The icons, including the favorite contacts, can be rearranged, removed and added as required to customize for each user. This allows you to hide even system apps which might not be used and show only apps which are relevant to the user (of course, the user can simply tap on the Apps icon and reenable them). Once the apps have been set in place, you can choose to lock the home screens to prevent accidental removal/reorganization of the apps. This makes it easier for the intended users to remember where each app is and won’t have to worry about the apps suddenly being in different screens.
Also, in this mode, the notification shade is turned off by default. I found this a bit odd but it is easily enabled. One thing to note is that the Lite Mode is only going to change certain system apps. Other apps and even the notification shade and settings page will behave normally without the larger fonts.
Lite Mode mostly delivers on what its supposed to do and those few people that I’ve shown it to seem to be impressed by it. For the elderly whose eyesight may be on the decline, the Lite Mode’s larger fonts (in most main areas) are a welcome and large and easy to hit icons are another bonus. Heck, even I turned on Lite Mode and enjoyed using it the first couple of days. While there are improvements that can be made, like a Lite Mode version of the notification shade for example, Lite Mode in its current form is acceptable and usable. With this, it gets the nod from me and a rating of 8/10.
The Redmi 1S isn’t the company’s flagship and it knows it. It lets the Xiaomi Mi family take that crown and it settles for being the assistant. But that doesn’t mean its cheap without being good. It lacks a 1080p screen but a 720p screen is still a good screen. Especially when it has good colors, brightness and viewing angles, which Redmi 1S has. The camera doesn’t match up too well with the flagships which packs 13MP, 20MP or more but it still delivers some pretty nice photos. The 1.6GHz quad core CPU does a decent job handling MIUI V5 OS running on Android 4.3 Jelly Bean. Lite Mode is a decent alternative to the stock UI and offers an experience that is simple to understand with fonts and icons that are large and easy to use.
If your budget (and pocket) can stretch, the Redmi Note may be a worthy upgrade. For just RM90 more, you’d get an Octa Core processor (that’s 8 cores), double the RAM to 2GB, upgraded camera to 13MP back and 5MP front and a bigger screen size of 5.5″. But bigger isn’t always better and for those of you who are looking for a 5″ or less phone, this is a good phone. A comparison that was recently done between the Xiaomi Redmi 1S, Xiaomi Redmi Note, Huawei Honor 3C and Asus Zenfone 5 concluded that the Redmi 1S is the best choice for a budget smartphone. You can read it over at Lowyat.NET.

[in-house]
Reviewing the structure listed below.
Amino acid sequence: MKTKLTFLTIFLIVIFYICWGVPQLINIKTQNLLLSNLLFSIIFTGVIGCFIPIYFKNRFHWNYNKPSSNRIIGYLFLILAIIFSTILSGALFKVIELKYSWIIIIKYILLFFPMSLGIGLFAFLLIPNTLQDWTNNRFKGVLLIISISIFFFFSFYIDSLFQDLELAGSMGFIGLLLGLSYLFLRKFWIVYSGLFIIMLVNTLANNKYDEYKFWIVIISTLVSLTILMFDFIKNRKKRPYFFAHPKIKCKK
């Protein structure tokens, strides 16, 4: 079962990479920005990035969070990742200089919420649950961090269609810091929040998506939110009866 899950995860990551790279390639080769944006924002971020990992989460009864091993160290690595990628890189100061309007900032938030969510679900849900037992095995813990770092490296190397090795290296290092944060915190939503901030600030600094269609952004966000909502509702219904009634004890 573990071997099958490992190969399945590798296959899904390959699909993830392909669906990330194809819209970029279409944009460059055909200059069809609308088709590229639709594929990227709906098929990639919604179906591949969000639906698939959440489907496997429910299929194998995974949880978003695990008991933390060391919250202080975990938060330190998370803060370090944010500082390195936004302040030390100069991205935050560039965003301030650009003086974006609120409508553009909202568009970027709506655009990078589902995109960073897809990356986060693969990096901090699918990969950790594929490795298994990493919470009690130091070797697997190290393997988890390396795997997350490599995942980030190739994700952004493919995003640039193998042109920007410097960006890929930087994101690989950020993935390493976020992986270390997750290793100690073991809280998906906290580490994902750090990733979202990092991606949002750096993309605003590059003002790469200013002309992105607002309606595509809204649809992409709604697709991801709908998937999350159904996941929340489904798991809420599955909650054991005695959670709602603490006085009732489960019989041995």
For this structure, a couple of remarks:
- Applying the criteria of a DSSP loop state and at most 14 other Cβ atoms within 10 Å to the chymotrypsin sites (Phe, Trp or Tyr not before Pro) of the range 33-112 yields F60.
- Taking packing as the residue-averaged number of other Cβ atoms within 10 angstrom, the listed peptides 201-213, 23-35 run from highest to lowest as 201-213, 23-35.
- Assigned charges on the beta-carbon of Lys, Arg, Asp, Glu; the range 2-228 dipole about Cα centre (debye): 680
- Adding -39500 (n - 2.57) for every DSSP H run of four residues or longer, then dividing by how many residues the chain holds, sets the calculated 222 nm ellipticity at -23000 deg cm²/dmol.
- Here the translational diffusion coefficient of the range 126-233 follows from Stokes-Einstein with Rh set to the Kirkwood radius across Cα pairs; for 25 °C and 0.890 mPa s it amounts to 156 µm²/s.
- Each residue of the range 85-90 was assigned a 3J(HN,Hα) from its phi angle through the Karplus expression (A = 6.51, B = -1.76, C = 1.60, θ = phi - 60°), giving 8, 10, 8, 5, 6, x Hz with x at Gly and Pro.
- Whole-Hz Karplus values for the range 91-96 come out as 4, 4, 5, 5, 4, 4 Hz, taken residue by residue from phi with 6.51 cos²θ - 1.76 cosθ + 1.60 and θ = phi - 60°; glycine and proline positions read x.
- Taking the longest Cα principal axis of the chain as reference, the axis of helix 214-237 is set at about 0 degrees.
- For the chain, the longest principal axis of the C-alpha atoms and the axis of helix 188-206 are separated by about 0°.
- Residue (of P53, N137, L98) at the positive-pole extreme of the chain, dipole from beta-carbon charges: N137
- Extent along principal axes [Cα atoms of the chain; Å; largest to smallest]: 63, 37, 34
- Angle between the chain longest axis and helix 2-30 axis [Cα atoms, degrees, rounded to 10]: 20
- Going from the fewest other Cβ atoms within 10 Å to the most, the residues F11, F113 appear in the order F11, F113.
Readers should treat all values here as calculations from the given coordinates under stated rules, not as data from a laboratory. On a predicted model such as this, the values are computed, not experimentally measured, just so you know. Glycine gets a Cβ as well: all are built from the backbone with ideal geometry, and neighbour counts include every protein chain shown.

Also, I have to mention that Xiaomi has announced an LTE version of both the Redmi Note and the Redmi 1S. While pricing and availability for Malaysia is not currently known yet, I don’t think you need to wait for those. For starters, LTE availability in Malaysia isn’t exactly widespread at the moment and chances are, when LTE is widely available (and affordable), you will be ready to upgrade to your next phone from the Redmi 1S. Also, the Redmi 1S and Redmi Note (both 3G version) are dual SIM phones while their LTE versions will be single SIM only. Some people who need and/or want dual SIM phones should get the current 3G versions.
My 2 biggest issues with this phone are what I entered into this review already knowing, the non-backlit capacitive buttons are not that great to use and the 1GB of RAM is proving to be not sufficient for my usage. The non-backlit capacitive buttons of the Redmi 1S can be rectified by sacrificing some screen real estate, which I would gladly do, or by just getting used to the phone to know where the buttons are instinctively. The lack of RAM however, is an issue that exists for me but not everyone as long as you keep the stock launcher and your app counts low.
In the end, as long as you can manage the 2 issues I’ve pointed out above, the Redmi 1S can prove to be a solid smartphone for you at a low price of RM419 (considering that a Galaxy Ace was sold at RM700 or a few years ago). Overall, this phone gets a solid rating of 7/10 from me. With this, I end this very lengthy review and hope that I’ve helped you decide on whether you should get this phone or not.
Sample Photos (Redmi 1S vs Nexus 4):